Im wunderschönen Monat Mai,
Als alle Knospen sprangen,
Da ist in meinem Herzen
Die Liebe aufgegangen....
[In the wondrously beautiful month of May
as all of the buds were bursting,
then in my heart
as all of the buds were bursting,
then in my heart
The opening quatrain of Heinrich Heine’s Lyrisches Intermezzo (1823) is stirring enough, but it is almost a cliché to point to the beginning of Robert Schumann’s song cycle Dichterliebe (1840) as reaching heights (and depths) that Heine’s words cannot. The unutterable longing expressed somehow in the initial piano figure, wavering back and forth in a repeated (it seems) Phrygian half-cadence, D – C-sharp – D – C-sharp in the bass, until it suddenly resolves not into F-sharp minor (to which our ear may be leading us) but with disarming ease into A major. (A recording is available from the IMSLP here.)
|SOURCE: cropped scan of first edition of Dichterliebe (Leipzig: Peters, c. 1844), p. 3, from IMSLP #25011.|
I moved to Virginia in July 2017, and a few weeks after I arrived white supremacists gathered in Charlottesville, about 60 miles away, for a demonstration that turned deadly and seized headlines all over the world. Appalled and repulsed, I watched white men—people who look like me—proclaiming their entitlement, endeavoring to reclaim privilege they regarded as their birthright. Even as they chanted their vile slogans, I was working on my syllabus for the second part of a two-semester music history survey for music majors I would start teaching later that month. As I struggled to pack far too much essential content into a semester, I wistfully thought of all the things I wouldn’t have time to talk about—things that revealed that the claim of entitlement on rampant display a short drive away was really a recurring story in music history. (“Jews will not replace us!” is the essence of Richard Wagner’s notorious 1850 essay Das Judenthum in der Musik.) Us versus them is, indeed, the story of so much history that its continuing manifestations in the headlines now seem more akin to “DOG BITES MAN” than to “MAN BITES DOG.” But when, as is the rule rather than exception in history, the violence is perpetrated by those in power against those excluded from it, the news must always be shouted from the rooftops.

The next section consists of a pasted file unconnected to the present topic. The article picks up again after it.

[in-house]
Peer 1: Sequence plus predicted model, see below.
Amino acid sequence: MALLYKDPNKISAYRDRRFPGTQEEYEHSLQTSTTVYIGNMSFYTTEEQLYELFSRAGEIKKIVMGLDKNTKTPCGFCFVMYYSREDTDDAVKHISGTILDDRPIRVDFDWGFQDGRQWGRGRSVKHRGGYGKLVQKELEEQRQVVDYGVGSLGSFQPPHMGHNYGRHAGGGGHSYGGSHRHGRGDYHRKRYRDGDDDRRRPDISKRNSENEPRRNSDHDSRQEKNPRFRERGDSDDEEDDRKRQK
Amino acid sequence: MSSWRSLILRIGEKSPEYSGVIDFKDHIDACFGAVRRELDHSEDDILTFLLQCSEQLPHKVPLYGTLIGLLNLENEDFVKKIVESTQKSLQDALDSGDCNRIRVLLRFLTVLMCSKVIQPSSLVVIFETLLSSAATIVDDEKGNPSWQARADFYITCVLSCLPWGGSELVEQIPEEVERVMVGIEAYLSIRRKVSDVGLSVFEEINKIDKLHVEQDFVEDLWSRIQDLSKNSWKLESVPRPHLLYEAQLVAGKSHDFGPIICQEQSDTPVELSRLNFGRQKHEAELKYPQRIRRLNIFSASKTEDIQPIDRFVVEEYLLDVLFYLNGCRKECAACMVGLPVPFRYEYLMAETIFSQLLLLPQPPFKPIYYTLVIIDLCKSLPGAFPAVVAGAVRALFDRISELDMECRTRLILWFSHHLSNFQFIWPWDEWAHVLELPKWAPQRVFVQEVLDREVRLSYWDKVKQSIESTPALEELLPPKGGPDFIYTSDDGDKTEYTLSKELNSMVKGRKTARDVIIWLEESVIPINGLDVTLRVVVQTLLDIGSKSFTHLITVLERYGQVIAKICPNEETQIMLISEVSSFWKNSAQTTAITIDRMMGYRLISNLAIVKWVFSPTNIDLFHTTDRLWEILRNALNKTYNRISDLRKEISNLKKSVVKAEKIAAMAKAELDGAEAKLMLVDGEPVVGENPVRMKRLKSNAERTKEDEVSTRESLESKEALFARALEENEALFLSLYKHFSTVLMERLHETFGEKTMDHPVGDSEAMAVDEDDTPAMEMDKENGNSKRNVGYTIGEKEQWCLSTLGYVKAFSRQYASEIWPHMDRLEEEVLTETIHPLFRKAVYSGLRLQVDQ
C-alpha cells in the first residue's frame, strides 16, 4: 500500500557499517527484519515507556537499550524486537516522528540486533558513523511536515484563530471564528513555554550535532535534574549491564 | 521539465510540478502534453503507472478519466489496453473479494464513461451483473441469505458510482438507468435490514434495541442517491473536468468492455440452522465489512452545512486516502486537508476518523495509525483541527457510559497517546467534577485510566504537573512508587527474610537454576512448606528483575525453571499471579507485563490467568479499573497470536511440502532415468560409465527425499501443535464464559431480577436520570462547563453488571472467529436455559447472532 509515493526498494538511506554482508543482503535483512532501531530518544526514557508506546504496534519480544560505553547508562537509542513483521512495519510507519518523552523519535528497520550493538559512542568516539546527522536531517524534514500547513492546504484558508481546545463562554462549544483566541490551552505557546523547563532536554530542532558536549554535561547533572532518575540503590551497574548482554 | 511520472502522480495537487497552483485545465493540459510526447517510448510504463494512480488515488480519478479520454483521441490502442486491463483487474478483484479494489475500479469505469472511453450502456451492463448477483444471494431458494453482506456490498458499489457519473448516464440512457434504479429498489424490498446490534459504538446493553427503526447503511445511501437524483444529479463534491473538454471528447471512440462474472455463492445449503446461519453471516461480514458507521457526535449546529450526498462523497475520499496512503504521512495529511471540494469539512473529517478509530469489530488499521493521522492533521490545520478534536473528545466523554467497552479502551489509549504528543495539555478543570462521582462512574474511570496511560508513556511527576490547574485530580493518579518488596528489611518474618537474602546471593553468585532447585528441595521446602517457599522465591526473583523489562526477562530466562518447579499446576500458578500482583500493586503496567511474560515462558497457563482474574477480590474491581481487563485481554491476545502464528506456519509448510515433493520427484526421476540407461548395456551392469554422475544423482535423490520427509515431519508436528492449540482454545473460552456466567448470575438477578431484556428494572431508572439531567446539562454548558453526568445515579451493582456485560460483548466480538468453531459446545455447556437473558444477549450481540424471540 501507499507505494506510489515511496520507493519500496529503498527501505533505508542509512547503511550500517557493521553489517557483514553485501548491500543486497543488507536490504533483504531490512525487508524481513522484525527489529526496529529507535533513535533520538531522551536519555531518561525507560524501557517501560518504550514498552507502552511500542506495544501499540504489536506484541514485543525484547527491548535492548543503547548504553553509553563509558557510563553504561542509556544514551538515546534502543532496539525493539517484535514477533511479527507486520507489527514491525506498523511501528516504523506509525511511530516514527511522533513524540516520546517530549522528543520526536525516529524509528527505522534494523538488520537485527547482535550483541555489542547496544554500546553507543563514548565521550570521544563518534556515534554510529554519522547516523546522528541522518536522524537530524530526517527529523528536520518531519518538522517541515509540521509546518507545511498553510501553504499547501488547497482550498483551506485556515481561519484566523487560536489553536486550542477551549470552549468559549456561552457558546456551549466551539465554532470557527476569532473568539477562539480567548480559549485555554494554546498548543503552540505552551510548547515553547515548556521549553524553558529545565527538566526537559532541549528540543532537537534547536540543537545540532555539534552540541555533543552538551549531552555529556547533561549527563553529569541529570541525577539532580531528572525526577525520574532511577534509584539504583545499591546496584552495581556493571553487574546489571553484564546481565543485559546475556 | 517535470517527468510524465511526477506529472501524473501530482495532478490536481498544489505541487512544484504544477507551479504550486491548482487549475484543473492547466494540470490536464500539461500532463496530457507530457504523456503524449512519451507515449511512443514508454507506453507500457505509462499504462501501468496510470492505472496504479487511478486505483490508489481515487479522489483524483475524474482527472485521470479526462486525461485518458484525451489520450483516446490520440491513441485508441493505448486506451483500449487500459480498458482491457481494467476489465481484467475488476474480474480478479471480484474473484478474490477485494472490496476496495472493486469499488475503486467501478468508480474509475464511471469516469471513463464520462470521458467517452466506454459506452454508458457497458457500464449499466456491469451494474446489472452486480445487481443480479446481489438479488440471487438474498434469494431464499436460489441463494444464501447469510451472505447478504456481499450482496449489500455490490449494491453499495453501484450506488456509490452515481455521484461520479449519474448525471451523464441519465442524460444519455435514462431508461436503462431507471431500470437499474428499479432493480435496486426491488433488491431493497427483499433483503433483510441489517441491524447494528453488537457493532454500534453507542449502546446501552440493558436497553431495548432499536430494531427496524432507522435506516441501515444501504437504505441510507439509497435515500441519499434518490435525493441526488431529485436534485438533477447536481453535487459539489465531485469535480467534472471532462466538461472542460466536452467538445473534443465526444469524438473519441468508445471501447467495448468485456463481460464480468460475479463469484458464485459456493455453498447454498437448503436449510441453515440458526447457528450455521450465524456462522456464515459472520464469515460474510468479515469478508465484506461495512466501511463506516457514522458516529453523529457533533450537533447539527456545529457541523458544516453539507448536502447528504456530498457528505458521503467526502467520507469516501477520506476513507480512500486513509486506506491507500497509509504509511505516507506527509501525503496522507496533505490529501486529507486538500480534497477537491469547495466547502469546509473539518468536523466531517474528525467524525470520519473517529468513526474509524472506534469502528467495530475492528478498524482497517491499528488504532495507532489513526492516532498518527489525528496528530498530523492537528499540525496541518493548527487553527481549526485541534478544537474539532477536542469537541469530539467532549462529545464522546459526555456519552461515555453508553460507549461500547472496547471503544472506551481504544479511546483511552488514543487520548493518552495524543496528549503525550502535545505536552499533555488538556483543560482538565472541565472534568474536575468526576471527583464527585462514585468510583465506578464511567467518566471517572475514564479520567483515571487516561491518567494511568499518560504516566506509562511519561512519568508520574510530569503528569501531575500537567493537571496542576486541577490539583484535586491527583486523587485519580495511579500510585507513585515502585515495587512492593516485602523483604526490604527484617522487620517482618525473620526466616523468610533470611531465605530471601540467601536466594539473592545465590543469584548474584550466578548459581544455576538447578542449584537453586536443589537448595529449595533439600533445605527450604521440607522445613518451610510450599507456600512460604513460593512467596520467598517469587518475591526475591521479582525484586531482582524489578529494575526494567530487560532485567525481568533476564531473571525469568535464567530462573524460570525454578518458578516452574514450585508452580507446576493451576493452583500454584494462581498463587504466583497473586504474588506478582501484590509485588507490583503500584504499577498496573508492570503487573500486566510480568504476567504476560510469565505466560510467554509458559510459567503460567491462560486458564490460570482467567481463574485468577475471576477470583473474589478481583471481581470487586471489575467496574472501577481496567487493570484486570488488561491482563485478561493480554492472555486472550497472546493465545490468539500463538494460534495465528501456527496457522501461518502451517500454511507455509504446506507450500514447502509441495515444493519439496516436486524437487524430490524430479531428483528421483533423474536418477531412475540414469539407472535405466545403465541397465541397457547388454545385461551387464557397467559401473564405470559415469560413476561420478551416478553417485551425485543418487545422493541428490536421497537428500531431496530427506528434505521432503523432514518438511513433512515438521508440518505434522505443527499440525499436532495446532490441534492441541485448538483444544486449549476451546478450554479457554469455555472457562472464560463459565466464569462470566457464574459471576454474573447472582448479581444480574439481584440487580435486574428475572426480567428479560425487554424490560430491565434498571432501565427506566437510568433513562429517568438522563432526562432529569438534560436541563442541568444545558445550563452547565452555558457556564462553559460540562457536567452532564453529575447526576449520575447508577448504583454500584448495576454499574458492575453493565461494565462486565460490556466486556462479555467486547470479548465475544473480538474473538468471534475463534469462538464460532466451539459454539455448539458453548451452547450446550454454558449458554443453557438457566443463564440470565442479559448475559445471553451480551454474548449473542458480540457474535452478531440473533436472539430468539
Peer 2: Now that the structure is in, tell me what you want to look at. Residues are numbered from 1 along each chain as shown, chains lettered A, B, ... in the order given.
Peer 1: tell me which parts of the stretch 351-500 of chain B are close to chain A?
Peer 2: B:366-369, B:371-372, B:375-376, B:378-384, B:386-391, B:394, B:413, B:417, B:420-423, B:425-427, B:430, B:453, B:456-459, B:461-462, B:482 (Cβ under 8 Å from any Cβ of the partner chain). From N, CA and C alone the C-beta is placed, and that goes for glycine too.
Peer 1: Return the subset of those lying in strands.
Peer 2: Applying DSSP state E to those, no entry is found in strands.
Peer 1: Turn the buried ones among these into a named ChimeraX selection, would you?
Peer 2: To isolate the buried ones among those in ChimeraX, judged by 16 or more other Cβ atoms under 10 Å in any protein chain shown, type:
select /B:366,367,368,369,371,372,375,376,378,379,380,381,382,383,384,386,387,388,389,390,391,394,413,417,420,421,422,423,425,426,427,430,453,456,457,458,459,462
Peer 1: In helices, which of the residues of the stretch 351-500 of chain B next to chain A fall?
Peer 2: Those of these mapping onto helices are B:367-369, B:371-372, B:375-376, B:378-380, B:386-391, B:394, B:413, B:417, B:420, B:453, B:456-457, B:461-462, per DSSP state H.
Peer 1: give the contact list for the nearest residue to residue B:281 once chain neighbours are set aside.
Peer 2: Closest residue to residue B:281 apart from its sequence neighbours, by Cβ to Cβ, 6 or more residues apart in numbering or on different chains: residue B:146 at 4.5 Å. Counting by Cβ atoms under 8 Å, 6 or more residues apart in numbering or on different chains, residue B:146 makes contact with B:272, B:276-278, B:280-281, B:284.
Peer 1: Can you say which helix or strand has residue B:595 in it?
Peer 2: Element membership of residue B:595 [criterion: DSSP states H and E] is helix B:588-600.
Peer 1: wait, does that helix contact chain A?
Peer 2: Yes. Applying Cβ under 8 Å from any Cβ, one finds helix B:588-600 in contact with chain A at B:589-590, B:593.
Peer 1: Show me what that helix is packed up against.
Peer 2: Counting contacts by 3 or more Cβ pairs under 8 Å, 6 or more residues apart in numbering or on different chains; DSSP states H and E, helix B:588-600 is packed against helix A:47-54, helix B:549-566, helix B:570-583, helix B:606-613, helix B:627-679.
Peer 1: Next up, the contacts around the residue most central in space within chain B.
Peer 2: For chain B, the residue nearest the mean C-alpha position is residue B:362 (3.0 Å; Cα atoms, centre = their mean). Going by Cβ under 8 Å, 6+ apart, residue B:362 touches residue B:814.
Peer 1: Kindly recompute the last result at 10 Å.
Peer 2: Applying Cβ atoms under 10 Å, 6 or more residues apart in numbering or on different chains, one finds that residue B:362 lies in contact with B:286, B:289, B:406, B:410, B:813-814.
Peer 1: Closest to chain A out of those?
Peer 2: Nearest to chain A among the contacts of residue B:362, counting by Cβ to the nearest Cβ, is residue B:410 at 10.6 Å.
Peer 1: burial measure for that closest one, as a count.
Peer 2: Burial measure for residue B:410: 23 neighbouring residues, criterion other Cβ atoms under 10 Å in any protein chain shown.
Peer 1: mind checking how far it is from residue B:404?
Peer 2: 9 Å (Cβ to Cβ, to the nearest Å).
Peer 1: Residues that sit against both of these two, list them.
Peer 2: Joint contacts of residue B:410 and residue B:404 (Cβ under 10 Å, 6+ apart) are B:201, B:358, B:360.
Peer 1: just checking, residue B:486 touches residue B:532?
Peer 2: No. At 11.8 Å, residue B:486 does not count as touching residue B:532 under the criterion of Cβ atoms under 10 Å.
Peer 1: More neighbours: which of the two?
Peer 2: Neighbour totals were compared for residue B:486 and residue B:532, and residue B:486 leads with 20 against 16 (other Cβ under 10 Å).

And so in my first year teaching in Virginia I introduced an overhaul to the music history sequence, jettisoning the soup-to-nuts survey from plainchant to the present (an approach which gives students a false sense of comprehensiveness). Instead I used the allotment of two semesters for a different approach:
- For Music History I: genres and forms, I concentrated on only two genres, a mini-survey that allowed us to trace genre-specific traits and innovations over a shorter time period. I selected concertos and song cycles as our twin foci. Those were not easy choices, but they allowed me to focus on contrasts between domestic and public music-making, to consider text-setting as well as non-texted music, to have the students learn to navigate orchestral scores as well as (sometimes equally bewildering) keyboard writing. Although the chronology of the song-cycle is particularly restricted—basically starting in the early nineteenth century—I reached back to solo cantatas and other works that could be seen as antecedent (though not really ancestors) of the genre—just as I brought in concept albums as a continuation of the tradition. Even with only two genres, I found that I had the same impossibility of fitting everything I wanted to discuss into a single semester.
- For Music History II: narratives and ideologies, I wanted a course that was basically “What lessons can we learn from music history?” Two of the questions considered in that course were pulled directly out of my reactions to the white nationalist rally: “How does a composer become a privileged voice, and who gets suppressed in the process?” and “If we view music history not in terms of composers or even of performers but rather of patrons, what does the landscape look like?” Inextricably part of both of these is gender, and there were plenty of good reading assignments to provoke them to think about the propped-up nature of the canon of Great Composers which we had all inherited.
Does this sound familiar? (Listen to it here.)
|SOURCE: cropped scan of p. 41, II/31–36 (Breitkopf, 1990).|
Women are moody.... [I]f in their cherished domestic and matrimonial circumstance the daughters of Eve would make no other, larger leaps, deviations or evasions than such a teensy half step, then everything would be just fine.Did Robert face this sort of nonsense when, in his piano Phantasie for piano and orchestra (also in A minor, and later revised as the first movement of his own concerto in that key) he also modulated to A-flat major? Or was that just genius? Granted, Robert’s choice of A-flat may be dictated by a strategy to emphasize melodic unity: he preserves C-natural as the third scale degree, on which he begins his motive whether in its home minor key or—with the tonic lowered by a half-step—in major: